I had a desire, or a nerdy, geeky need to create this library that overrides:
int execv(const char *path, char *const argv);
int execvp(const char *file, char *const argv);
int execve(const char *path, char *const argv, char *const envp);
Upon initialization, all original function pointers are saved via the constructor, as defined here: http://tldp.org/HOWTO/Program-Library-HOWTO/miscellaneous.html#INIT-AND-...
I lost a dear friend a few months ago, and the St Pete Grand Prix was the last time some of us saw her. I took several rapid pictures of the racecars in anticipation of creating a gif animation of the action.
I'm just now getting around to it.
Miss you, Anna.
(view full article for image)
I should remember to upgrade my Gentoo box on a regular basis. I should do this, because it will keep the updates to a minimum, and allow me to determine which portion of the mass of changes is going to affect my installs.
I should. But I don't.
Case in point.
Today, I updated. I upgraded my kernel from 2.6 to 3.2. After a reboot, everything was fine. I then upgraded some commonly used software, such as openssl, fluxbox, firefox, etc. I then worked happily and forgot about it.
The next day. X is br0ken. It is unable to find an ssl library. Oh crap.
My dell laptop battery is slowly losing it's moxy. It's juice so to speak. This does not mix well with Florida summer time weather as the power tends to go out A LOT.
A few months or years ago, I decided I needed to encipher my /home directory. I keep just about everything, neatly stored away, and if I were to ever lose my laptop then it would be a small gift of my inner most workings to the ill-gotten new owner.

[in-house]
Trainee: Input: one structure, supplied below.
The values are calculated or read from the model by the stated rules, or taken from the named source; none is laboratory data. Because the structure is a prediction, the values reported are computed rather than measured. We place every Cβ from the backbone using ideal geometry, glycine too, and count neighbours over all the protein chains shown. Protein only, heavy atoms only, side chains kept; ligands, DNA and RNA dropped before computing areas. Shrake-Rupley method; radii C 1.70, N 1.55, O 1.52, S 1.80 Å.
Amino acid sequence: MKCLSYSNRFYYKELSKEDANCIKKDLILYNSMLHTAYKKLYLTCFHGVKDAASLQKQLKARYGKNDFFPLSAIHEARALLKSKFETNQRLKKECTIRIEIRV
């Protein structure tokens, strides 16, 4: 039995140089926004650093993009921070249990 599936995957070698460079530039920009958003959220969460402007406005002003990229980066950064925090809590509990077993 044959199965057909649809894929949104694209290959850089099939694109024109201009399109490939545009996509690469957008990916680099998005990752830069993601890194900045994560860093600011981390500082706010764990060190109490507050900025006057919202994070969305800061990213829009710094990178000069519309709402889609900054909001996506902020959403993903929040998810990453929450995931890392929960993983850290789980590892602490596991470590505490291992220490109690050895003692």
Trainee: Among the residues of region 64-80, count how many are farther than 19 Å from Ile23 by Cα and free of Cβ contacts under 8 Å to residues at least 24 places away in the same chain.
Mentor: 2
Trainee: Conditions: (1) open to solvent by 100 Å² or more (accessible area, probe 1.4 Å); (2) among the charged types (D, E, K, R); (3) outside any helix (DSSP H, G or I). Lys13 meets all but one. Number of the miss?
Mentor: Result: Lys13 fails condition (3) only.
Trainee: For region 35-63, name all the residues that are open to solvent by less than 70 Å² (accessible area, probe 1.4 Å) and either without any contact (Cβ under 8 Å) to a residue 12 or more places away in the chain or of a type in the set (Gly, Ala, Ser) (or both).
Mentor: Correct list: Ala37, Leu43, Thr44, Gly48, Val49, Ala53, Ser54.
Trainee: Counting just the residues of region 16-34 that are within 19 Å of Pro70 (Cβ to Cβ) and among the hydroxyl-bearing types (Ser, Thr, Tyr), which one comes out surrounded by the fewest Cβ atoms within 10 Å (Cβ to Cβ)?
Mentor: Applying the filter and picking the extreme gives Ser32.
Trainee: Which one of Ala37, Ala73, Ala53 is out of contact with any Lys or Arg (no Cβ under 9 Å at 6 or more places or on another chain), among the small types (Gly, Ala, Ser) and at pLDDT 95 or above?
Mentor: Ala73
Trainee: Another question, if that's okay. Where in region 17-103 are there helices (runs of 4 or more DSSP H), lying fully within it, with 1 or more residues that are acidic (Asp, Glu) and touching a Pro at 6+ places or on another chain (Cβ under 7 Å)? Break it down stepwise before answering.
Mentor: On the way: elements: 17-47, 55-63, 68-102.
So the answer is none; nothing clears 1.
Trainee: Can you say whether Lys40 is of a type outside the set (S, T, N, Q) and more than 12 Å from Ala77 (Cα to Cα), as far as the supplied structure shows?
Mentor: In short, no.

I used truecrypt for this task.
So, after pulling my hair out and lots of searches on this matter, I finally figured out the problem to my dilemma.
I have a .Net service which hits a webservice every 5 minutes or so.
I created a Windows Installer Project in order to get it deployed by my IT department.
First, my timer wasn't firing when it was supposed to fire. Why? Well, when you create a System.Timers.Timer object, and after you set all the properties.. you have to ENABLE IT! Yes, it's created with Enabled being false. You have to enable it after it's created.
To start, this is part of my environment.
$ gcc-config -l
 i686-pc-linux-gnu-4.3.4 *
I was running into issues trying to unsquashfs one of my ISOs.
When I built it using gcc-4.1.2 (my default on my development workstation), I get this:
$ unsquash -ls my.squash
Parallel unsquashfs: Using 2 processors
FATAL ERROR aborting: failed to read fragment table
After some messing around on multiple systems, I found two things:
So one day, I was doing an
and I noticed that udev and lvm2 where being blocked by device-mapper. This is due to libdevice-mapper.so being included in the new version of lvm2.
Well, this causes a problem on reboot if you're using lvm2 on your root volume (/). This outlines what I did to fix it.
# This assembler code is Copyright (C) 2009 Billy Holmes at gonoph.net
# Copyright (C) 2010 (fixed a logic bug)
# Released and Licensed under GPLv2
# Lyrics upon which it is based by Richard O'Brien and Richard Hartley
# Coded in gnu assembler
# Why? Couldn't resist
.set _right, 0x00000001
.set _hands, 0x00000002
.set _knees, 0xffffffff
For some strange reason, I was having crash issues using fglrx on my desktop. In addition, my laptop would sometimes kernel fault using the fglrx. Both systems use ATI chipsets that are supported under the Linux kernel's radeon.ko driver.
# List Video cards
$ lspci | grep ATI
01:00.0 VGA compatible controller: ATI Technologies Inc Radeon Mobility X1400
# OR this
$ lspci | grep ATI
01:00.0 VGA compatible controller: ATI Technologies Inc RV516 [Radeon X1300/X1550 Series]